• Theft, embezzlement, extortion, fraud, embezzlement, falsification of documents, stolen goods, usury or an insolvency offense (fraudulent bankruptcy, violation of accounting obligations, favoring creditors, favoring debtors) has been legally convicted.

Further specific features result from the restaurant permit according to Section 4 (1) GaststättenG . Reasons that indicate unreliability are partially given here. For example, it is unreliable who “is devoted to drinking” or has fear of promoting alcohol abuse , receiving stolen goods or illegal gambling .

Legal consequences of the examination

The authority responsible for checking the reliability will request extracts from the register (federal central and commercial central register). If these sources of evidence give rise to facts from which a personal unreliability can also be inferred in the future, the proof of reliability required by the legislature has not been provided. On the basis of the facts known to it, the authority develops a prognosis as to whether the license holder will pose a risk to the public in the future by exercising the license. In individual cases, this prognosis usually becomes problematic and controversial when the prognosis of unreliability is linked to behavioral errors that are not related to the subject; Thus, from rough driving behavior in road traffic, it is not easy to infer a possible unreliability as a person authorized to blast. Unreliability can at least be affirmed where the typical risks of exercising a permit have occurred several times. The more difficult it is for the owner to intervene because the license is no longer available, the more precise and justified the prognosis of the authority must be.

The fact-based prognosis has the consequence that the license for a trade that requires a license will be refused or revoked, employment in security-relevant areas will not be permitted or terminated, permits under the law on explosives according to Section 7 of the Explosives Act, qualifications or weapons licenses cannot be issued or withdrawn . The administration has no room for judgment or decision-making in the application ( interpretation and subsumption ) of this term to life circumstances. A prohibition notice can be taken before the administrative court by way of an action for avoidance . The courts can therefore fully review the decision of the authority as to whether (un) reliability is present at the relevant point in time for the person concerned and, if necessary, revoke the administrative act that presupposes the (un) reliability .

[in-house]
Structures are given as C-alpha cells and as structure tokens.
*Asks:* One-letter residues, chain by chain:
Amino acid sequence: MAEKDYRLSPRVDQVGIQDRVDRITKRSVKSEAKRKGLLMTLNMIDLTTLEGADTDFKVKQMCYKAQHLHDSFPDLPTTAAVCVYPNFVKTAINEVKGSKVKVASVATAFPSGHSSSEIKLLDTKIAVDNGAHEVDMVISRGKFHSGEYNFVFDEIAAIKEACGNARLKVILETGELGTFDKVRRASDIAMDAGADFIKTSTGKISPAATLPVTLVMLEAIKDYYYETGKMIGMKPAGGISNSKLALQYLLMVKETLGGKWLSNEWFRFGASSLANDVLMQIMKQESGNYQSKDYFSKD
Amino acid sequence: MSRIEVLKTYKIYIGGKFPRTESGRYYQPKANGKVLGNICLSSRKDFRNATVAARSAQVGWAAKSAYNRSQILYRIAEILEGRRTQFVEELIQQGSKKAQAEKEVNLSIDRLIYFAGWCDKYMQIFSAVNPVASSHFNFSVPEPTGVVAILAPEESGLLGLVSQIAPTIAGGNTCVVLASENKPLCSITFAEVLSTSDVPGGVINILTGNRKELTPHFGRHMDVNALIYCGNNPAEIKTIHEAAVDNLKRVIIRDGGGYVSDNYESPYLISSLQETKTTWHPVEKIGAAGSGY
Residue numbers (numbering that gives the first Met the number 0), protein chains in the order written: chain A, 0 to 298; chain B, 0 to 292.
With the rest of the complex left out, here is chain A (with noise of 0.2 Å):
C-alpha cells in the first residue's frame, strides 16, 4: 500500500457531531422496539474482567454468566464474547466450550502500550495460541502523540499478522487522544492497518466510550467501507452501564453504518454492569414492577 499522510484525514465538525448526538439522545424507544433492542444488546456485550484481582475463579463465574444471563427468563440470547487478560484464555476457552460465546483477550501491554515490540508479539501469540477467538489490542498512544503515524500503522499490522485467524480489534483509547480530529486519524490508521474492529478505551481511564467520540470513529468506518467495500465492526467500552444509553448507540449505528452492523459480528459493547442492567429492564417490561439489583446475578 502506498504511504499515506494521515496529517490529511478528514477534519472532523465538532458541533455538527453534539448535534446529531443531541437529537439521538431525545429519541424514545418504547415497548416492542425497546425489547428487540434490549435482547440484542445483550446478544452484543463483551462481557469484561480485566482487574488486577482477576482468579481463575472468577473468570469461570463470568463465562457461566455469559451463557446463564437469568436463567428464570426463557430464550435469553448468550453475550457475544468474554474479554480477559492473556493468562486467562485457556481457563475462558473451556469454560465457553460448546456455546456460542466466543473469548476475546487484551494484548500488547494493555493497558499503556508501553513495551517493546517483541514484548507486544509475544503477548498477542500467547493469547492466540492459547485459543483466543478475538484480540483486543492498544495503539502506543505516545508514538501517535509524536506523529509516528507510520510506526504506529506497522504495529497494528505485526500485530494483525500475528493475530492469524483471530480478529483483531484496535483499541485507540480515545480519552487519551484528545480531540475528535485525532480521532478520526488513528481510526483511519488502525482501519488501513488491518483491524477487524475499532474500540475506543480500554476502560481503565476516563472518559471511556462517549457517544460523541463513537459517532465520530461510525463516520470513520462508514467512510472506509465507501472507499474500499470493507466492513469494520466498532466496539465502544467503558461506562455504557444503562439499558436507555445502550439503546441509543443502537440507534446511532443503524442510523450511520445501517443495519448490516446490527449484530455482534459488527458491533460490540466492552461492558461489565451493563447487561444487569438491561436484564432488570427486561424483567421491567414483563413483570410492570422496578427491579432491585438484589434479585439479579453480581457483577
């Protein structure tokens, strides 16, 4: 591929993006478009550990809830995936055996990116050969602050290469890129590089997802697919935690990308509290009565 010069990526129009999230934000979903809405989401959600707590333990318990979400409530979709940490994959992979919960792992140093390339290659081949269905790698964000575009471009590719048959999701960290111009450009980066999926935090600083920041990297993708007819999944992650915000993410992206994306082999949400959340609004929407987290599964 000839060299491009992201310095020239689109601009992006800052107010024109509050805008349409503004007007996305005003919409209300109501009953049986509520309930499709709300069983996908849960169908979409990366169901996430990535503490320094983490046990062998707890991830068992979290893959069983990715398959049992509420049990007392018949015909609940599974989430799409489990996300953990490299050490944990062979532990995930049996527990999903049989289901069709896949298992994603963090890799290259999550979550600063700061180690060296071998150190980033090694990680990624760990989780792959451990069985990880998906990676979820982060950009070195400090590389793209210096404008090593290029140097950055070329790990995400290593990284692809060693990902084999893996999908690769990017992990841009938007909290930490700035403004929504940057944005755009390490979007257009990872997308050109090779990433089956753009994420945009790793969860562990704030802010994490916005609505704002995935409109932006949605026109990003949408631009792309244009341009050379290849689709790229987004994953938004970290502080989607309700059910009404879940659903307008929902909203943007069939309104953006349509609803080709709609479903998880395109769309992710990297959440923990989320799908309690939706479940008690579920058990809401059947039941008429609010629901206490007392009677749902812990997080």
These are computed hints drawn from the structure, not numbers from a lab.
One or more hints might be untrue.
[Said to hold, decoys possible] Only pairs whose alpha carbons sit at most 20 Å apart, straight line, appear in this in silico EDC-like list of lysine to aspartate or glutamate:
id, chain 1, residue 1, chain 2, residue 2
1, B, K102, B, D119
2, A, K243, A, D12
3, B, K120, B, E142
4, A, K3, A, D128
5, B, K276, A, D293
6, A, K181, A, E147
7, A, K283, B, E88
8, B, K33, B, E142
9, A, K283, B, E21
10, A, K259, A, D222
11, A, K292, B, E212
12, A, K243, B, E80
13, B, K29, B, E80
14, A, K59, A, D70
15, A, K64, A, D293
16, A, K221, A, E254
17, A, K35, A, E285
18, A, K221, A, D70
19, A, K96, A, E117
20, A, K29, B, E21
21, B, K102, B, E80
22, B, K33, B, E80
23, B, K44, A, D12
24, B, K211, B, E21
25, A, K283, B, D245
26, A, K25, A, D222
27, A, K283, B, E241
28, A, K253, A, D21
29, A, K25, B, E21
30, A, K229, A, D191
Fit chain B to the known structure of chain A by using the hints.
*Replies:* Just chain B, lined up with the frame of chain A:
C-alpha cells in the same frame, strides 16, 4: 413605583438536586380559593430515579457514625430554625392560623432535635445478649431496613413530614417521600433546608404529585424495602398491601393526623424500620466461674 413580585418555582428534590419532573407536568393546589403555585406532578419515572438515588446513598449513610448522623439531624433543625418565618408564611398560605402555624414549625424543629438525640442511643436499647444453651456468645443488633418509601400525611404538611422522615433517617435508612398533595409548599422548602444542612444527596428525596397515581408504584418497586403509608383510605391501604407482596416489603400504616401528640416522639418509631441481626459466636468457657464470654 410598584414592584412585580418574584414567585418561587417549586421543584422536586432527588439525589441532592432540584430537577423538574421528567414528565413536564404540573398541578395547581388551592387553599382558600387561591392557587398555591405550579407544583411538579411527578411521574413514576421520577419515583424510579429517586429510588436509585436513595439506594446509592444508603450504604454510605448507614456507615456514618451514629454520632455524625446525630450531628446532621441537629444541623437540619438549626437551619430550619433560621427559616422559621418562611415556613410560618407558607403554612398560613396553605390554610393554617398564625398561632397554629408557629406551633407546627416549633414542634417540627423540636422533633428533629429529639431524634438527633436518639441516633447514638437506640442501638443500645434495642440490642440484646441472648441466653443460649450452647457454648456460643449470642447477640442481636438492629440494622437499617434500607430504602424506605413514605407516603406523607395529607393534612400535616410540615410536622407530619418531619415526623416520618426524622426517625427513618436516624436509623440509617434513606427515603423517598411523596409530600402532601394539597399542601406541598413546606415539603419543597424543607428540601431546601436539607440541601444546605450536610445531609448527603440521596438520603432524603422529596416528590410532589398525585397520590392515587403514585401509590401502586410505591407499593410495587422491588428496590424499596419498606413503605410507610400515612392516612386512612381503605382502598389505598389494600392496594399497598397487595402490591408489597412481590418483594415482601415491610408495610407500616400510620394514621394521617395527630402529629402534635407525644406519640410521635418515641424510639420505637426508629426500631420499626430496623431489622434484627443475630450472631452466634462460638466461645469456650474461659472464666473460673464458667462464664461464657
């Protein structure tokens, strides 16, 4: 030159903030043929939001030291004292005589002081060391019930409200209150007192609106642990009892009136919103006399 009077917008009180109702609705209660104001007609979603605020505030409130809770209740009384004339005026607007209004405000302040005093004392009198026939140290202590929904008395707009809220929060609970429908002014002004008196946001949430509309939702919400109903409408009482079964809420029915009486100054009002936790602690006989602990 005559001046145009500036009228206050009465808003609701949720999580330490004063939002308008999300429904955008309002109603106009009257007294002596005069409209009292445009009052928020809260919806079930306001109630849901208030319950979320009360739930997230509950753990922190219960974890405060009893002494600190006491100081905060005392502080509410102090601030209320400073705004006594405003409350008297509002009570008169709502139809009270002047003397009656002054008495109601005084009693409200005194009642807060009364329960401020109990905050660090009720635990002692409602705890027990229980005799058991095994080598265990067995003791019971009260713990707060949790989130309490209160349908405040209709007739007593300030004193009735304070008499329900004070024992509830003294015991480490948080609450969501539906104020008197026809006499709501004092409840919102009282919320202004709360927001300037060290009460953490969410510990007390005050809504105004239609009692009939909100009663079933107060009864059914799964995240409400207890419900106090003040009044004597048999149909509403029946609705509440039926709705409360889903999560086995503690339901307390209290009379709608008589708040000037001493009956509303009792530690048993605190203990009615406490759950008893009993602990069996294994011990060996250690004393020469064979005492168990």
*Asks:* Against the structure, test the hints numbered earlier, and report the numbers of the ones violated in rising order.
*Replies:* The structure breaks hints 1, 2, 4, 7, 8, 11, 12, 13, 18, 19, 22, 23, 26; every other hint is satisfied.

Personal suitability must be strictly separated from this, because it is linked to physical or mental characteristics.

See also

Web links

Individual evidence

  1. BVerwG, judgment of March 9, 1994 , Az. 1 B 33.94, full text
  2. BVerfGE 24, 38 BVerfGE 24, 38. (No longer available online.) Formerly in the original ; accessed on October 30, 2018 .  ( Page no longer available , search in web archives )@1@ 2Template: Toter Link /
  3. ^ Page no longer available , search in web archives: BVerwG, judgment of July 15, 2004 , Az. 3 C 33.03, full text.@1@ 2Template: Toter Link /
  4. Page no longer available , search in web archives: BayVGH, decision of March 6, 2008 (PDF; 67 kB), Az. 11 CE 07.1765, full text.@1@ 2Template: Toter Link /
  5. BVerwG, decision of September 1, 1970 , Az.VII B 60.70, full text.
  6. ^ VG Hamburg, decision of August 18, 2009 , Az. 15 E 1380/09, full text.
  7. BAFin, banking supervision
  8. Samm in Beck / Samm / Kokemor, KWG, § 33 Rn. 40.
  9. BVerwG, judgment of June 27, 1961 , Az.IC 34.60, full text = NJW 1961, 1834 f.
  10. Samm in Beck / Samm / Kokemor, KWG, Rn. 41
  11. printed in Beck / Samm / Kokemor, M 2
  12. Reischauer-Kleinhans, KWG, Rn. 5c; Fischer in Boos / Fischer / Schulte-Mattler, 2nd edition, marginal no. 34 ff .; Samm in Beck / Samm / Kokemor, marg. 47.
  13. Samm in Beck / Samm / Kokemor, KWG, § 8 Rn. 22b